}
  })
}

Styling Your Components

In React, styles are mentioned in line, but unlike the traditional way of inline CSS strings, here we specify each style as an object whose key is the camelCased version of the style name, and whose value is the style’s value (usually a string).

const divStyle = {
  color: 'white',
  backgroundImage: `url(${imgUrl})`,
  WebkitTransition: 'all', // note the capital 'W' here
  msTransition: 'all'
  // 'ms' is the only lowercase vendor prefix
}

ReactDOM.render(
  <div style={divStyle}>Hello World!</div>,
  mountNode
)

Most numeric values at the end of a style prop receive an automatic “px” specification added to them (e.g., “width: 10” is read as “width: 10px”). Here is a list of properties that won’t get the automatic “px” suffix:

  • boxFlex
  • boxFlexGroup
  • columnCount
  • fillOpacity
  • flex
  • flexGrow
  • flexPositive
  • flexShrink
  • flexNegative
  • fontWeight
  • lineClamp
  • lineHeight
  • opacity
  • order
  • orphans
  • strokeOpacity
  • widows
  • zIndex
  • zoom

DOM helpers

References: Help to access the DOM nodes:

<input ref="firstName">
this.refs.firstName
React.findDOMNode(this.refs.firstName).focus()
React.findDOMNode(this.refs.firstName).value

DOM Events: Help to handle DOM events:

<input type="text"
  value={this.state.value}
  onChange={this.handleChange}
/>

handleChange: (event) => {
  this.setState({ value: event.target.value })
}

Validating properties:

NAME DESCRIPTION
Primative Types .string .number .func .bool
Reactive Elements .element .node
Enumerables .oneOf .oneOfType
Arrays and Objects .array[Of] .object[Of] .instanceOf .shape

Sample usage:

propTypes: {
  email: propTypes.string,
  firstName: propTypes.string,
  age: propTypes.number,
  gender: propTypes.oneOf(['M','F','NA'])
  node: propTypes.node,
  cb: propTypes.func.isRequired,
}

Custom validation:

propTypes: {
  customProp: (props, propName, componentName) => {
    if (!/matchme/.test(props[propName])) {
      return new Error('Validation failed!')
    }
  }
}

conventions for react DOM & JSX

A few patterns and best practices to get you started:

  • React DOM elements are expected to be in camelCase.
  • The camelCasing of DOM matches what you would write for custom components: <Typeahead onClick=../> and <div onClick=../>
  • These camelCased attributes are usually what you write when updating the DOM via JS (input.maxLength).
  • One current confusing exception is that class= is normalized automatically into className= at transform time.
  • Use the className attribute instead of class
  • Use the htmlFor attribute instead of for
  • Use <textarea value="something"> instead of <textarea>something</textarea>
  • Custom HTML attributes may be data-attr and all lower case.
  • Make use of ternary operators, wherever required. For example: React.render(<div id={condition ? ‘msg’ : ‘’}>Hello World!</div>, mountNode)

ANTI-PATTERN

Using props in getInitialState is an anti-pattern. Instead of:

class MessageBox extends React.Component{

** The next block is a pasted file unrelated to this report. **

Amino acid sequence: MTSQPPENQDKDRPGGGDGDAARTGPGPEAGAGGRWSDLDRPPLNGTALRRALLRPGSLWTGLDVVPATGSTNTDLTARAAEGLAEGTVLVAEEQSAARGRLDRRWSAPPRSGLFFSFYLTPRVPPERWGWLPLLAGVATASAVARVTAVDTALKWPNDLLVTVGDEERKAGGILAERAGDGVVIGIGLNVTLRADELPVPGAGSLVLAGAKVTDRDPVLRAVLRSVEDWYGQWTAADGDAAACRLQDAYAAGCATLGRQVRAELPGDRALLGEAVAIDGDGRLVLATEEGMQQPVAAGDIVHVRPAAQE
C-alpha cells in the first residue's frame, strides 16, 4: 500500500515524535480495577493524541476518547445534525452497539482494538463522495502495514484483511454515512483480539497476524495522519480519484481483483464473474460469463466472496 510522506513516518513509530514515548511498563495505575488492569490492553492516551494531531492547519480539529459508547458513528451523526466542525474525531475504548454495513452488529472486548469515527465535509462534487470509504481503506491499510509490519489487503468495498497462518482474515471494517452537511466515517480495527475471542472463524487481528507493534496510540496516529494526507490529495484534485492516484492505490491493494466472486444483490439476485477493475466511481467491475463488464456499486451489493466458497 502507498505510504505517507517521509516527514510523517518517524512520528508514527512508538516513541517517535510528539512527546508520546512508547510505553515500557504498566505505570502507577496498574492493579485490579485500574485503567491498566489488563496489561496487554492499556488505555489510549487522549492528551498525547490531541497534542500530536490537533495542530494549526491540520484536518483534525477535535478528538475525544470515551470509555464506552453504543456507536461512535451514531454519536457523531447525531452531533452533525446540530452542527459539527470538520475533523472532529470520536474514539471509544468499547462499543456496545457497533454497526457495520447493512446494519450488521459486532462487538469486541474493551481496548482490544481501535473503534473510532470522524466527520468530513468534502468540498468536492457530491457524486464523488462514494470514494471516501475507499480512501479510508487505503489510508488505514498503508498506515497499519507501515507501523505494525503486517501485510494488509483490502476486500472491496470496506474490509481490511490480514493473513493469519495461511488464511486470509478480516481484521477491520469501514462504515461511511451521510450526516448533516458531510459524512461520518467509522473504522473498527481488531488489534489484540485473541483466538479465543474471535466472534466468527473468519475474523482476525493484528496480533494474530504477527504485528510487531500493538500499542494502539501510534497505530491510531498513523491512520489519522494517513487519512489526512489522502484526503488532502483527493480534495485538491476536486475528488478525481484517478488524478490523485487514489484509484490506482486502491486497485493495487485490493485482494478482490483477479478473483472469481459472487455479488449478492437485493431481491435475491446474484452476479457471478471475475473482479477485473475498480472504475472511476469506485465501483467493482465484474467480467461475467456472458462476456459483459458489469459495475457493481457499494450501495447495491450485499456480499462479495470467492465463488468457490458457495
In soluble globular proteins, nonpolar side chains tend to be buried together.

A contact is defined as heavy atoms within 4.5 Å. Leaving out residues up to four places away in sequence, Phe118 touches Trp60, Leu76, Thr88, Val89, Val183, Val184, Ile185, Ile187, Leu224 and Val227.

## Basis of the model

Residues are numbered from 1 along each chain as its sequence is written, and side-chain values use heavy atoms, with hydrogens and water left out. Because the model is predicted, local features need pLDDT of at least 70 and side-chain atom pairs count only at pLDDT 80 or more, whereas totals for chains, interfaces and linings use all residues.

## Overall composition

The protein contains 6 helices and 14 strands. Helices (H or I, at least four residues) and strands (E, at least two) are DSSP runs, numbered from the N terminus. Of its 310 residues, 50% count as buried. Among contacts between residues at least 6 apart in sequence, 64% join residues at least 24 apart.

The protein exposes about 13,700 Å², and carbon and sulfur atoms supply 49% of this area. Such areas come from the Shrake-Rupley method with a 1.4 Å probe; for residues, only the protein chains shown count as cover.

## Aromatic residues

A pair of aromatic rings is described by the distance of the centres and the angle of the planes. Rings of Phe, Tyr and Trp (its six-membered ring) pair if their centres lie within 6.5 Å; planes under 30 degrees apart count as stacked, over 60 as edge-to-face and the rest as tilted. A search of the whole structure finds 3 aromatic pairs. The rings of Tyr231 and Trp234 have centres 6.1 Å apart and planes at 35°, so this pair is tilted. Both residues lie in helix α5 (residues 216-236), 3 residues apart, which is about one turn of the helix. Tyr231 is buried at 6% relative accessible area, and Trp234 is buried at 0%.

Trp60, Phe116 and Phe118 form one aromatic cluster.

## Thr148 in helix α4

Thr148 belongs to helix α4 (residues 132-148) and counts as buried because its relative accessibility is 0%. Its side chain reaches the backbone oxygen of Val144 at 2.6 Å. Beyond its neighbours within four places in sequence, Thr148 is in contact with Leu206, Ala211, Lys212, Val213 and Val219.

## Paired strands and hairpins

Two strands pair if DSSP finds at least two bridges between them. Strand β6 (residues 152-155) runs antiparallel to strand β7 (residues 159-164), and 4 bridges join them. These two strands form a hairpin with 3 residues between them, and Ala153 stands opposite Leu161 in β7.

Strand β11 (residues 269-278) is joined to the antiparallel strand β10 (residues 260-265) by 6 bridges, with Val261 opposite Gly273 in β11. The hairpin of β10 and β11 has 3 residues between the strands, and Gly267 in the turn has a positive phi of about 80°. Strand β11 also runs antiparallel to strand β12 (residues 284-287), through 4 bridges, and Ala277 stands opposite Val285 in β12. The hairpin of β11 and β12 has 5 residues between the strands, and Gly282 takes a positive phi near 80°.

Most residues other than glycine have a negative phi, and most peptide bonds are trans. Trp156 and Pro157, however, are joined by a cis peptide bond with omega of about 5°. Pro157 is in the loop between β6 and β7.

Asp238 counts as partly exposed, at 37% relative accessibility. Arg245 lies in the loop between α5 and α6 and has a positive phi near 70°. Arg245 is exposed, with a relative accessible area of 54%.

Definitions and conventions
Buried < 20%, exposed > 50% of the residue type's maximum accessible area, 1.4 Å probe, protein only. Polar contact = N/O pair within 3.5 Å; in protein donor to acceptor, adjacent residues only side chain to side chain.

getInitialState() {
    return { nameWithQualifier: `Mr. ${this.props.name}` }
  }
  render() {
    return <div>{this.state.nameWithQualifier}</div>
  }
}
ReactDOM.render(<MessageBox name="Rogers"/>, mountNode)

Try the following:

class MessageBox extends React.Component{
  render() {
    return <div>{`Mr. ${this.props.name}`}</div>
  }
}
ReactDOM.render(<MessageBox name="Rogers"/>, mountNode)

NOTE: This is not an anti-pattern if we make it clear that synchronization is not the goal.

SPREAD OPERATOR IN JSX

const props = { foo: x, bar: y }
const component = <Component {...props} />

You can also use the spread operator (...) to override props:

const props = { foo: 'default' };
const component = <Component {...props} foo={'override'} />

Flux: the application architecture

Flux plays a key role if your application uses dynamic data.

Don’t try to compare Flux to Model-View-Controller (MVC) architecture. Flux is just a term to describe smart, unidirectional data flow.

f3

FIGURE 3: AN OVERVIEW OF FLUX ARCHITECTURE

Keys ideas in the Flux architecture

  1. Views “Dispatch” “Actions”.
  2. “Store” Responds to Dispatched Events.
  3. Store Emits a “Change” Event.
  4. View Responds to the “Change” Event

Points to remember

  1. A “dispatcher” is essentially an event system.
  2. There is at most one global dispatcher.
  3. “Store” is specific collection of logic and data.
  4. A “Store” is a singleton.
  5. A store is not a model. A store contains models.
  6. A store is the only entity in the application that is aware of how to update data.
  7. Only stores registers to dispatcher callbacks. store emits an event, but not using the dispatcher!
  8. When store data changes, your views shouldn’t care if things were added, deleted, or modified but just re-render.

Testing your application with jest

Jest allows for painless JavaScript Unit Testing. It is built on top of the Jasmine test framework.

Consider a scenario where you want to test the following file:

// div.js
const div = (value1, value2) => {
  return value1 / value2
}

export default div
  1. Create a directory __tests__/ with a file div-test.js
import div from '../div'

describe('div', function() {
  it('divides 4 / 2 to equal 2', () => {
    expect(div(4, 2)).toBe(2)
  })
})
  1. Run npm install jest-cli --save-dev
  2. Add the following to your package.json
  { "scripts": { "test": "jest" } }
  1. Run npm test
  [PASS] __tests__/div-test.js (0.015s)


SOURCES

HEMANTH H.M. React Essentials on DZone